by: Rev. Cheryl L. Hauer, International Development Director
Everyone loves a great story! Although we often think of storytelling in terms of its educational and entertainment value for children, the ability to tell and to comprehend a good yarn has served teachers and parents, pastors and preachers, psychiatrists and bartenders very well throughout the ages.
Among our ancient ancestors, as well as tribal peoples that remain in parts of the world today, families gathered regularly around campfires or on hillsides to hear the tales of their history, life in their villages, and perhaps of their future. Those stories, though simple in nature, not only helped the hearer deal with everyday life in his culture, but also served to connect him to his community…past, present and future.
In our modern culture, the storyteller has been replaced by of all things, the television set, with its incredible popularity, speaks with the ageless appeal of the story as a means of grappling with life. Millions of people around the world spend hours every week laughing at themselves in sitcoms, weeping for themselves in tragedies, and cheering for themselves in that recent phenomenon called reality TV. And certainly we are most attentive on Sunday morning when the pastor tells his personal stories…the time he spilled his coffee in his wife’s lap or she backed the car over his new mountain bike. The human ability to recognise oneself in the experiences of others and to apprehend greater truth through those everyday occurrences have made the storyteller a key figure in virtually every culture and religion in man’s history.
As Bible believers, we can attest to the importance and impact of stories. Both the Hebrew Scriptures (the Old Testament) and the New Testament are rife with the sagas of prophets, kings, and ordinary people involved in life and conflict: loving their children, fighting their enemies, struggling with unjust overseers, and embracing the mercy of righteous rulers. These stories are set in the countryside of ancient Israel and take place within the context of a rich and vibrant Jewish culture. They concern themselves with crops and animals, with the land itself, and the seasons. They examine everyday life, relationships, and human interaction with the Divine. They are rich and colourful, designed to be entertaining and engaging, and have only one purpose: to teach man the ways of God.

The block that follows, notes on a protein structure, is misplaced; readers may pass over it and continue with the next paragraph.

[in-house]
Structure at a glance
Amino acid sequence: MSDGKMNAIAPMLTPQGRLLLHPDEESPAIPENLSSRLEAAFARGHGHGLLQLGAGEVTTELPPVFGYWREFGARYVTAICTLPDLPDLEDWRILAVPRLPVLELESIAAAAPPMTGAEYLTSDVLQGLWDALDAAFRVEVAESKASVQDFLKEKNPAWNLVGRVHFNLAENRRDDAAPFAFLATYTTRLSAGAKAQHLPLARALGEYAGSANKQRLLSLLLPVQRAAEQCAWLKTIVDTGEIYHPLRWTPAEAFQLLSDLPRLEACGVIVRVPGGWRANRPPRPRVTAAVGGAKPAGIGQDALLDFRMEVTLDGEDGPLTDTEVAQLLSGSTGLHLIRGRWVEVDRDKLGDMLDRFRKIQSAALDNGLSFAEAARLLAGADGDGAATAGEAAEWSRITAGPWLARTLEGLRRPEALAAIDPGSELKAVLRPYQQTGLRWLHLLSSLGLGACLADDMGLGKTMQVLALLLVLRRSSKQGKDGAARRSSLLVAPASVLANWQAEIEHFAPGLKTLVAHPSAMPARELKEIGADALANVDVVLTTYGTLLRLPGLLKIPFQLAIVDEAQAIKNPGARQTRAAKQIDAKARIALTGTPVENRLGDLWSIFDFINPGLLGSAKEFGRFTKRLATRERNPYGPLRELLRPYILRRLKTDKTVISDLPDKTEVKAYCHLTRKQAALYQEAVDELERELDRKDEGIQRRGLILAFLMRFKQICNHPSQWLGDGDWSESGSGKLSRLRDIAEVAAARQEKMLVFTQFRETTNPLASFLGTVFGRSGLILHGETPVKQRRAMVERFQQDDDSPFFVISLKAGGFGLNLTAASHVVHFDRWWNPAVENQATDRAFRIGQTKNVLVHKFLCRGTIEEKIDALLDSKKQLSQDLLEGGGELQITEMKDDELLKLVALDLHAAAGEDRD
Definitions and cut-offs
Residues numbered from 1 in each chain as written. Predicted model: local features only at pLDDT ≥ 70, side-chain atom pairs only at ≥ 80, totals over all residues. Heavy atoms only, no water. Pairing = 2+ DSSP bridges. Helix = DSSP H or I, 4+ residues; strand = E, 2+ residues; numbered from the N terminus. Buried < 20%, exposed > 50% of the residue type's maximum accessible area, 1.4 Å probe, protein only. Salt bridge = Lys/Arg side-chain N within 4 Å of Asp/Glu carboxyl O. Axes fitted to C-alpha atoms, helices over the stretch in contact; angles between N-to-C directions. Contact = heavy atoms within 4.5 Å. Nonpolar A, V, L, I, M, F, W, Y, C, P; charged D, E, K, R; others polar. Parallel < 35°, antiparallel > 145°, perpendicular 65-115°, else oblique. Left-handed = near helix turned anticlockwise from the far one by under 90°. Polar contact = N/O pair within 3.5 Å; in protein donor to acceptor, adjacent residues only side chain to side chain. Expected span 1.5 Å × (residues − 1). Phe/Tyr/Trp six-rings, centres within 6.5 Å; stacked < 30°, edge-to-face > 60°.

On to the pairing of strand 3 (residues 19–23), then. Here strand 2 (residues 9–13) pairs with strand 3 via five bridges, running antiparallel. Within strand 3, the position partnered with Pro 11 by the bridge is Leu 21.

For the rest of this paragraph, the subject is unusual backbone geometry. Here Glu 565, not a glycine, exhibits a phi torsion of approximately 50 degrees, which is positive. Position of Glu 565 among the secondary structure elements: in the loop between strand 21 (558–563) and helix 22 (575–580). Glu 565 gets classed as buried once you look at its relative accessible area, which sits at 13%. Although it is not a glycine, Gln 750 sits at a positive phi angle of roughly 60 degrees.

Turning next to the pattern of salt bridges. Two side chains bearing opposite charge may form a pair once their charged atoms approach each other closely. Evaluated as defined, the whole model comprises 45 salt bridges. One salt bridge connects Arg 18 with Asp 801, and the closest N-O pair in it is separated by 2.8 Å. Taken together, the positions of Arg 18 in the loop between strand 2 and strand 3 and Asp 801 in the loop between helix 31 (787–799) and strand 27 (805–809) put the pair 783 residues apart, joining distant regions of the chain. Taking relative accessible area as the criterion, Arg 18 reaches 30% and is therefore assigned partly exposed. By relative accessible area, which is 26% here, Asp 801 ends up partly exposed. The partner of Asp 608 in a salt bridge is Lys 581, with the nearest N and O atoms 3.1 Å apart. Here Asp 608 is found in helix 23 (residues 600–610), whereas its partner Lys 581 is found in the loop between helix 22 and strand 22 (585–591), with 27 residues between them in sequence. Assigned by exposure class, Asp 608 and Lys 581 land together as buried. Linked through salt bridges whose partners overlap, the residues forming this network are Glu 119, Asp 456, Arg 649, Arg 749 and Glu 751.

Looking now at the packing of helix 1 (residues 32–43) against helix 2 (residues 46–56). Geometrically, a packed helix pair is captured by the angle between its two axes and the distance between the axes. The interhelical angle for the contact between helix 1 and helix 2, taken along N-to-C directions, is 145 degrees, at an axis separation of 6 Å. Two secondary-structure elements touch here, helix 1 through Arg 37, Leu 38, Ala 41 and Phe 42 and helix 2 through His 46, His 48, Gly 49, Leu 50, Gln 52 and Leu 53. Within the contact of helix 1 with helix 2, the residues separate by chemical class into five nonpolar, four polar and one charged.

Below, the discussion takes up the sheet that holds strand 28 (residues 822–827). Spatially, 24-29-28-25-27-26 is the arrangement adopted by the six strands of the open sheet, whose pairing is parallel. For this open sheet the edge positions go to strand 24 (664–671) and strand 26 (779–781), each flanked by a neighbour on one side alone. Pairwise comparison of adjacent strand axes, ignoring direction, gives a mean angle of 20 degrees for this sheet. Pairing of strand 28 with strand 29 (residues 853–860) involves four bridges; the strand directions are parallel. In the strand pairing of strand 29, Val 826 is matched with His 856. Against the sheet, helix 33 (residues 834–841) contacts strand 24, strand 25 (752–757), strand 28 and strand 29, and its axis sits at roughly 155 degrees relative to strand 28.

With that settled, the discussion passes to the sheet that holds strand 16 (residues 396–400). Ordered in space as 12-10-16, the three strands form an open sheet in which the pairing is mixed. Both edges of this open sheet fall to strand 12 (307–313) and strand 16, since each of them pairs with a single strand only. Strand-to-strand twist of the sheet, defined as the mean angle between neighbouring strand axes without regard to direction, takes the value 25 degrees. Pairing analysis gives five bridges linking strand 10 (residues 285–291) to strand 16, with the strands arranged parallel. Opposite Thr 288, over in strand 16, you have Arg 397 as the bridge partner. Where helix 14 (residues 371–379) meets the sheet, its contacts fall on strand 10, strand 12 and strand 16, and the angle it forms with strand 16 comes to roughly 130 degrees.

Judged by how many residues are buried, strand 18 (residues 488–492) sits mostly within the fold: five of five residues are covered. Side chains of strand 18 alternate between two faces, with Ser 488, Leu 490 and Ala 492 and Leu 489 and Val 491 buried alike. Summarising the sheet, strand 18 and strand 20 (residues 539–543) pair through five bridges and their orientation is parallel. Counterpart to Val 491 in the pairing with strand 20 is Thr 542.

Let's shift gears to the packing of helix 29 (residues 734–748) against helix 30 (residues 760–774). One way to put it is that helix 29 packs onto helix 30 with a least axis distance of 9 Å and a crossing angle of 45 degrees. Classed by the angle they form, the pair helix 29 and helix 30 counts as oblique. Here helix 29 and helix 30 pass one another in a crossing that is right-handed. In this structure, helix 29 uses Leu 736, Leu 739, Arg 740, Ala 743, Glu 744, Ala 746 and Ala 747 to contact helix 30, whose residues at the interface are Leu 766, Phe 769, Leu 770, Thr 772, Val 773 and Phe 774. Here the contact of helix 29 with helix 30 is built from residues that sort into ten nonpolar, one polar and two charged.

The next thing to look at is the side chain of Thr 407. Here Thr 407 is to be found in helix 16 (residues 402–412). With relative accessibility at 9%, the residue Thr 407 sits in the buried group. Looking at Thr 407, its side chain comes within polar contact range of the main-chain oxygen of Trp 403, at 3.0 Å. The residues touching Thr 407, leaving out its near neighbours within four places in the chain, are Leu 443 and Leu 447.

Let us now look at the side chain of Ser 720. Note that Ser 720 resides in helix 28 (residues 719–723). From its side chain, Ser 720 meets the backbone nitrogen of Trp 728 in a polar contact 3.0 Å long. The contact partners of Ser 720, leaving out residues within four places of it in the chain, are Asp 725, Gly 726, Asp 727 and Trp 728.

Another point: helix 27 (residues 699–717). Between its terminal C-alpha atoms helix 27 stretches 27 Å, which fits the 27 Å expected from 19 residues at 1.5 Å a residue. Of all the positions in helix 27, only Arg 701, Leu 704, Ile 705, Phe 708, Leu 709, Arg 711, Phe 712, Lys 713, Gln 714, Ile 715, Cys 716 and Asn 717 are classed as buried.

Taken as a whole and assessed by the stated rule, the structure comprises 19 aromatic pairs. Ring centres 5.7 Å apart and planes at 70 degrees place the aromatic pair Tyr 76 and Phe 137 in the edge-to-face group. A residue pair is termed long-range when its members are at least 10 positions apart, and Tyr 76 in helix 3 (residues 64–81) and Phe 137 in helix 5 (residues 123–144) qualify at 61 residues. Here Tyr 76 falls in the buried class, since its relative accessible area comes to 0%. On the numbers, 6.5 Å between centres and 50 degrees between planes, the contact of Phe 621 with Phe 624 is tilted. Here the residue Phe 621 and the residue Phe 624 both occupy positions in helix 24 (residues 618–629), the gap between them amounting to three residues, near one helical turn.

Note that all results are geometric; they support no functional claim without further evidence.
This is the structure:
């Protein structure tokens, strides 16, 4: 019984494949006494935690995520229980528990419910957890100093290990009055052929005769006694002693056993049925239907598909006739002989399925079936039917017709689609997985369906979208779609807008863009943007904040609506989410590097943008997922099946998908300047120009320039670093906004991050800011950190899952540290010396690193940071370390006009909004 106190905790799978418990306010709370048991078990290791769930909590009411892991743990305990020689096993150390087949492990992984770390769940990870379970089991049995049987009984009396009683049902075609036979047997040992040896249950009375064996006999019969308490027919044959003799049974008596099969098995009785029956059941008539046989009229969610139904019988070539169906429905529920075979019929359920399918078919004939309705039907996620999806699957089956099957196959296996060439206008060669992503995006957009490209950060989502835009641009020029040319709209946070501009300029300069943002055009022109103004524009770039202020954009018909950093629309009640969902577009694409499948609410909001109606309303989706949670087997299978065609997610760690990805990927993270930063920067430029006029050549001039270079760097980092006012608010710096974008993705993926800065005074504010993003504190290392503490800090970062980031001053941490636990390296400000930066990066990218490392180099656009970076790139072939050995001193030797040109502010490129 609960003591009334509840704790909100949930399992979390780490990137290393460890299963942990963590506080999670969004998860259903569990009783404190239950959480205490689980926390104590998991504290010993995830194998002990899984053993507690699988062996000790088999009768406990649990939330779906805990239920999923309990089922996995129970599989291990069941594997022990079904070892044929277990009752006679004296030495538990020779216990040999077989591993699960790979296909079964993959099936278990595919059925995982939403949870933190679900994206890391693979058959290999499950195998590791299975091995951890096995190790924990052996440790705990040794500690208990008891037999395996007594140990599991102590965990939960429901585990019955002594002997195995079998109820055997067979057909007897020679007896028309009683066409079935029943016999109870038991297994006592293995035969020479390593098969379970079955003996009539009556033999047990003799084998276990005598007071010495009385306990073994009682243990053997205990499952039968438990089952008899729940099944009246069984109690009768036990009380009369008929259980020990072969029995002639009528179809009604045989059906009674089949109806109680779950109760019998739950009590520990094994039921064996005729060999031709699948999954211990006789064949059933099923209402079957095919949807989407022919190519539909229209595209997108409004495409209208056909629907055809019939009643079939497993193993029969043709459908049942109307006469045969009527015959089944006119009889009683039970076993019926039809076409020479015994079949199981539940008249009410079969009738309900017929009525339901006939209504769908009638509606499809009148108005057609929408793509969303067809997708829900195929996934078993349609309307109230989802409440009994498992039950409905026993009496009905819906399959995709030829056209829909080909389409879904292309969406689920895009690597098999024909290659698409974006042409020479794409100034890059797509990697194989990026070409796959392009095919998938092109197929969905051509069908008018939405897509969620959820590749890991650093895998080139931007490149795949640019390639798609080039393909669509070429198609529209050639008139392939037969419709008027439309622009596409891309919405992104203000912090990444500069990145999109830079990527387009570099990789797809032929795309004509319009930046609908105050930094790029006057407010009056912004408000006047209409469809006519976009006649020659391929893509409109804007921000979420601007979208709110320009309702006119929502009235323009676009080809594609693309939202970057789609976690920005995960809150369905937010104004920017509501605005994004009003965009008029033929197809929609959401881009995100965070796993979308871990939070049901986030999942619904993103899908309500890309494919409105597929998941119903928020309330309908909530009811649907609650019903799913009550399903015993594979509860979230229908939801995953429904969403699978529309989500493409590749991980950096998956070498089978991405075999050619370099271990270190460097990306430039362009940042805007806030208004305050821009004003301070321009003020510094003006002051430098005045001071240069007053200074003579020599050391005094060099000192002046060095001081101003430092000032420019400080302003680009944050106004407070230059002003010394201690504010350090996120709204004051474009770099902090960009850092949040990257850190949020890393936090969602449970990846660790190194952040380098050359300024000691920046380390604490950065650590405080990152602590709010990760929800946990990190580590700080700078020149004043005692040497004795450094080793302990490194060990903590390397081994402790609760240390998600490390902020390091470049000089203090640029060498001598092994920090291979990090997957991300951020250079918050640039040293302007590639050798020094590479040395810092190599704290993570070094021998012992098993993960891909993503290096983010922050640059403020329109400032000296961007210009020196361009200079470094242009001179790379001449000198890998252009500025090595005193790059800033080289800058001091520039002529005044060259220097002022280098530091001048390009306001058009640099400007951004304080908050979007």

A wide variety of literary forms are used in the telling of these stories, including allegory, fable, and metaphor. By far the most widely used and appreciated, however, is the parable. This form of instruction differs from the rest in that it is simple and credible, in and of itself, and most often begins by making a comparison. The meaning of the parable is dependent upon the context in which it is spoken. Here, the reality of God is revealed through the word-picture. Concrete illustrations touch the heart and challenge the mind as the Scriptures use vivid stories of everyday life to describe the nature of God and human response to His love. These visual representations of spiritual concepts were always meant to effect behaviour. Since the Hebrew mind centred on active response, the parable was designed to guide the hearer to righteous action.